If your Mac does indeed support CUDA, then you should be able to install CUDA on it and do most of your development work locally. You could use a version control system like Git or Mercurial to push your code to the Linux box for all your testing (in case you don't want to run CUDA locally), but that will make it slow to test small code changes because you will have to commit and push all changes before they will be available on the Linux box.
Personally, I prefer to develop all of my code directly on the target machine, whenever possible. I open up a few SSH sessions and write all the code with Vim. This allows me to run full tests with very little turn-around time. The catch is that you must always have a good network connection to your test box, or else development will be a royal pain.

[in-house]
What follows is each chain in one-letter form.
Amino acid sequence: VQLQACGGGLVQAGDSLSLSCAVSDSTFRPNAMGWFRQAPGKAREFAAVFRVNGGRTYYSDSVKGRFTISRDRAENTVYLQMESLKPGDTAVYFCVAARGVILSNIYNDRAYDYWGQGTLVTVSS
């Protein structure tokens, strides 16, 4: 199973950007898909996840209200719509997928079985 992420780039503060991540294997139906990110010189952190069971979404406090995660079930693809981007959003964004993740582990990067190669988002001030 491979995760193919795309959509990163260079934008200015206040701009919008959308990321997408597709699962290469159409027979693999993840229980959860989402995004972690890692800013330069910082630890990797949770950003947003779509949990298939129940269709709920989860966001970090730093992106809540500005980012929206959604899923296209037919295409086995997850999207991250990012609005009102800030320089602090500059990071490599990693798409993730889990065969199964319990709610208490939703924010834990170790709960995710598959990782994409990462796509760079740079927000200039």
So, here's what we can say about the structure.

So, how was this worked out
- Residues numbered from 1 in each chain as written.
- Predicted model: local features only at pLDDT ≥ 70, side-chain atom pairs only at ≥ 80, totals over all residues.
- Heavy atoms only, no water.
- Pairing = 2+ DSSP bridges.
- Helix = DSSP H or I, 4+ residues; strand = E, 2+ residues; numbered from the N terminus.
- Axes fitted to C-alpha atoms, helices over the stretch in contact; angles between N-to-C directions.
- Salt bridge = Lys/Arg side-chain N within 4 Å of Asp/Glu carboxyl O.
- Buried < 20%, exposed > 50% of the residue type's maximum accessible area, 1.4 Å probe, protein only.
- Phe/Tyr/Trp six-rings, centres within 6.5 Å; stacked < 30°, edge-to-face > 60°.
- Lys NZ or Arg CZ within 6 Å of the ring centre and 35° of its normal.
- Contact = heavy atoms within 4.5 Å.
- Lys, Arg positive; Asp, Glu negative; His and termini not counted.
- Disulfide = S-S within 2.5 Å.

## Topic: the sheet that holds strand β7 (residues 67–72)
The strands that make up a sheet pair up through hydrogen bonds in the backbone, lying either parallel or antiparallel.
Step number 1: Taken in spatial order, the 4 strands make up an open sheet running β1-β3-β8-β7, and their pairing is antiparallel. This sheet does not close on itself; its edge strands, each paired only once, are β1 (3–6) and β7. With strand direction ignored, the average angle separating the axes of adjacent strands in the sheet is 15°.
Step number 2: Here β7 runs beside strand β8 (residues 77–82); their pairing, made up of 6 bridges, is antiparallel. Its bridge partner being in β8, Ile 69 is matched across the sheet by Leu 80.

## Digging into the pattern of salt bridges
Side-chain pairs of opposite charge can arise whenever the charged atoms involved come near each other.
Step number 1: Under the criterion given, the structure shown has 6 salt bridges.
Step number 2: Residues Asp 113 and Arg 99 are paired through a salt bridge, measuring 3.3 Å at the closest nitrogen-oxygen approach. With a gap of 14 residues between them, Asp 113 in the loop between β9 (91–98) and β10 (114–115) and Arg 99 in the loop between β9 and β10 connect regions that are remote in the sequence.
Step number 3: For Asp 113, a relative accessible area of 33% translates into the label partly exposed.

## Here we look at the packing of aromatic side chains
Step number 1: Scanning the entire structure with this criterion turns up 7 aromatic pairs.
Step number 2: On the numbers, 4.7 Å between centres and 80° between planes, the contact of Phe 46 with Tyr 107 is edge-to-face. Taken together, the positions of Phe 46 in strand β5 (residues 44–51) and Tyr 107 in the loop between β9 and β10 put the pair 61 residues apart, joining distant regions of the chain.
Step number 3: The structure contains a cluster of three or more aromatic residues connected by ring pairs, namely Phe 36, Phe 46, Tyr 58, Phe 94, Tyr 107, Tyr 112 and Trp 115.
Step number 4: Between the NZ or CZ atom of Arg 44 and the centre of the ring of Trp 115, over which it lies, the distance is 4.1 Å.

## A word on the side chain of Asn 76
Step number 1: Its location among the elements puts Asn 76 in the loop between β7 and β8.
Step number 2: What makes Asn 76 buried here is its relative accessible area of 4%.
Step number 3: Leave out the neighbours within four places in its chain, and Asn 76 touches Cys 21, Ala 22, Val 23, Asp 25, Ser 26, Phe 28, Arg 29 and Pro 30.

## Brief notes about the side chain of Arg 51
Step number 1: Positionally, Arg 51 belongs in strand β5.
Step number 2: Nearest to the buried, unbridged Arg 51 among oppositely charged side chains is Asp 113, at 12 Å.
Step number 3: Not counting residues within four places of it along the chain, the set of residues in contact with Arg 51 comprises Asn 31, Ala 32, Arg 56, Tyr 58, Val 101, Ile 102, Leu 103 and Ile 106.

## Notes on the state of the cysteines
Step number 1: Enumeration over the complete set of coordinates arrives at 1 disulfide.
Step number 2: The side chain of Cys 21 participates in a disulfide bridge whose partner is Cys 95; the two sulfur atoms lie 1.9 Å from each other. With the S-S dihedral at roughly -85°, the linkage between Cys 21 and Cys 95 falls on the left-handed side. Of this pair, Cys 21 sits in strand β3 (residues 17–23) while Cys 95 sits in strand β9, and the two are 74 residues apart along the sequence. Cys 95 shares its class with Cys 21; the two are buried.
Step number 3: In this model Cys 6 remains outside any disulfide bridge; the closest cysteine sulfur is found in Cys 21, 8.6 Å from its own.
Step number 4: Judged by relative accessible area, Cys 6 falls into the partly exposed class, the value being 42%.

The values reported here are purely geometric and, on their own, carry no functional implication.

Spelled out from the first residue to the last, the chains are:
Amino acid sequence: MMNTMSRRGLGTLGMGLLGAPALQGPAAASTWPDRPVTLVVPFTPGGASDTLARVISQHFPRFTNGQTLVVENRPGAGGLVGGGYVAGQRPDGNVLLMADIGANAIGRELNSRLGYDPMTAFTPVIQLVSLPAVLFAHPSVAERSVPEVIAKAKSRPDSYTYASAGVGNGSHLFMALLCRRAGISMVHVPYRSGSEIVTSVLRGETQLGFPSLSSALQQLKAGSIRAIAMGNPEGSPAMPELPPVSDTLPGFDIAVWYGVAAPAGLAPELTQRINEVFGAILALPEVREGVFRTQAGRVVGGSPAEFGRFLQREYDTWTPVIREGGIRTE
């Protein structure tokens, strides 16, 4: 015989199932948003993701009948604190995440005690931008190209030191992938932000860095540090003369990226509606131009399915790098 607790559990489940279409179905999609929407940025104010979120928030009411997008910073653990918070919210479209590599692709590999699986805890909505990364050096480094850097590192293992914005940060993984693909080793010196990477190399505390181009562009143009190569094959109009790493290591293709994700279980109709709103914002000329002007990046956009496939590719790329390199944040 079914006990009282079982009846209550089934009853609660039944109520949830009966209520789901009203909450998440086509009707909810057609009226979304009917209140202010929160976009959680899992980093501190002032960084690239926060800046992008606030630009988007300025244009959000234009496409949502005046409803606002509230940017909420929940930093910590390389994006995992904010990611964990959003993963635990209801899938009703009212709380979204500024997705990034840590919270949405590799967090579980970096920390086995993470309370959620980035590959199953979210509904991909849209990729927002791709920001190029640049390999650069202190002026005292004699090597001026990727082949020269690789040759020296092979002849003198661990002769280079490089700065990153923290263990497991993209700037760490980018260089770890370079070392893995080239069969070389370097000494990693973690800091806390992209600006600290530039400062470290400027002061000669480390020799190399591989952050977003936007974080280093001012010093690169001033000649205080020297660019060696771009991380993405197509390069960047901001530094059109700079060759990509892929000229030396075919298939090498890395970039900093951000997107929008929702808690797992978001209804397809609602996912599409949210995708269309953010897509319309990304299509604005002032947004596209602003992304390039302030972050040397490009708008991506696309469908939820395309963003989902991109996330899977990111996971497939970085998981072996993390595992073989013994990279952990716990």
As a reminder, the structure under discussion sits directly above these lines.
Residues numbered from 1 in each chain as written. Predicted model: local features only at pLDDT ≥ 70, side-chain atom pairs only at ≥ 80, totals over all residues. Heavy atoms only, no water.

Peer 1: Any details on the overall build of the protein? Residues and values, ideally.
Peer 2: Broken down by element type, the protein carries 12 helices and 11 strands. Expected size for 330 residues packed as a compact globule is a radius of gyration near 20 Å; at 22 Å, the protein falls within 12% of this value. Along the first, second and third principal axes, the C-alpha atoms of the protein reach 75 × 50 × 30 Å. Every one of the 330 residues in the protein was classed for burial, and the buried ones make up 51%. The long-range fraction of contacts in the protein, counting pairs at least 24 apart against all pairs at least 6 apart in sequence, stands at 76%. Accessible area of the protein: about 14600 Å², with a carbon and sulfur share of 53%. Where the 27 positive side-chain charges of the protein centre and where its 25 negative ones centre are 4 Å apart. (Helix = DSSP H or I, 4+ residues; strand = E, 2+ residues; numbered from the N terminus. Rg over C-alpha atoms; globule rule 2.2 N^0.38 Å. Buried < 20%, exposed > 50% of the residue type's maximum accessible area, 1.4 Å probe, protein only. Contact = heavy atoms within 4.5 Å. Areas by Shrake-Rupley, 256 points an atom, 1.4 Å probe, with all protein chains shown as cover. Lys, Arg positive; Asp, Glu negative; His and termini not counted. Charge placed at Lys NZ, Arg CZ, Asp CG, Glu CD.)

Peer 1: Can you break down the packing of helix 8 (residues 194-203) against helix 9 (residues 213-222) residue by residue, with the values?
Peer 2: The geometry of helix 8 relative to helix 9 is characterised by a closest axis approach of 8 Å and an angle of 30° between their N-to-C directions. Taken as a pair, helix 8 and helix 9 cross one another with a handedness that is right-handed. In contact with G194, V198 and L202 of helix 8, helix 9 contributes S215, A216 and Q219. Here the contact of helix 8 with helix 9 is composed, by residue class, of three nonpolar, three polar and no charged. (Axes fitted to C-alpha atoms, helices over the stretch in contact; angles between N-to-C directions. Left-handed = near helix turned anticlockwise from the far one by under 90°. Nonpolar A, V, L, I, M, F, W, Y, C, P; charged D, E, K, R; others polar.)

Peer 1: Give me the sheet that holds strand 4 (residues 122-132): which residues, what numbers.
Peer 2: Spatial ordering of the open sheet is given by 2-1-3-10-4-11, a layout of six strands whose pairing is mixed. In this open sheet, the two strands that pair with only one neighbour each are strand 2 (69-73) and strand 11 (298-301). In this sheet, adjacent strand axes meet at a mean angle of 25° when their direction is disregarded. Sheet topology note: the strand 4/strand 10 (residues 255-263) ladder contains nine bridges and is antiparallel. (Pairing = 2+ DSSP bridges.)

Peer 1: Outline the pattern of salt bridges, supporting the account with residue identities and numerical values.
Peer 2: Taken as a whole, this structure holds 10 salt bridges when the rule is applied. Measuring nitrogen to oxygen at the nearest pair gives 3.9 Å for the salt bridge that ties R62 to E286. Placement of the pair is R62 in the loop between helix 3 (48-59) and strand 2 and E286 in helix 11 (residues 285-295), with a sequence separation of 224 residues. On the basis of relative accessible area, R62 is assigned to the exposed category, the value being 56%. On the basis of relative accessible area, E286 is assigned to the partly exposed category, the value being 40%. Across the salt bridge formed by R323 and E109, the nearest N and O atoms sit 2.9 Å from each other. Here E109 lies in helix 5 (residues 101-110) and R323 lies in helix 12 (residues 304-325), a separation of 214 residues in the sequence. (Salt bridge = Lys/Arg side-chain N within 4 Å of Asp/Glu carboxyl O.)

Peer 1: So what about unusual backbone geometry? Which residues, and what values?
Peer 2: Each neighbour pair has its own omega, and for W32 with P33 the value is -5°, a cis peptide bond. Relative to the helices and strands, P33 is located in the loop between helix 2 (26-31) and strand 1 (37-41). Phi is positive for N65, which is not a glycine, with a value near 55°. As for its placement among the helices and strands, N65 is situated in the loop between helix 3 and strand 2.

So, in summary, you have three options.
- Write code on Mac, run all tests on Linux. Use Git or something to
push changes. Testing small code changes will be a huge hassle.
- Write code on Mac, run basic tests locally (you'll have to install
CUDA) and occasionally test against Linux. Testing will usually be
efficient, but you may need to redo performance optimization for
- Write code on Linux, by opening SSH sessions from your Mac and
writing in Vim or whatever you fancy. You need a consistent, good
network connection with the Linux box. If you have a fantastic
connection, you could conceivably run Eclipse from Linux using X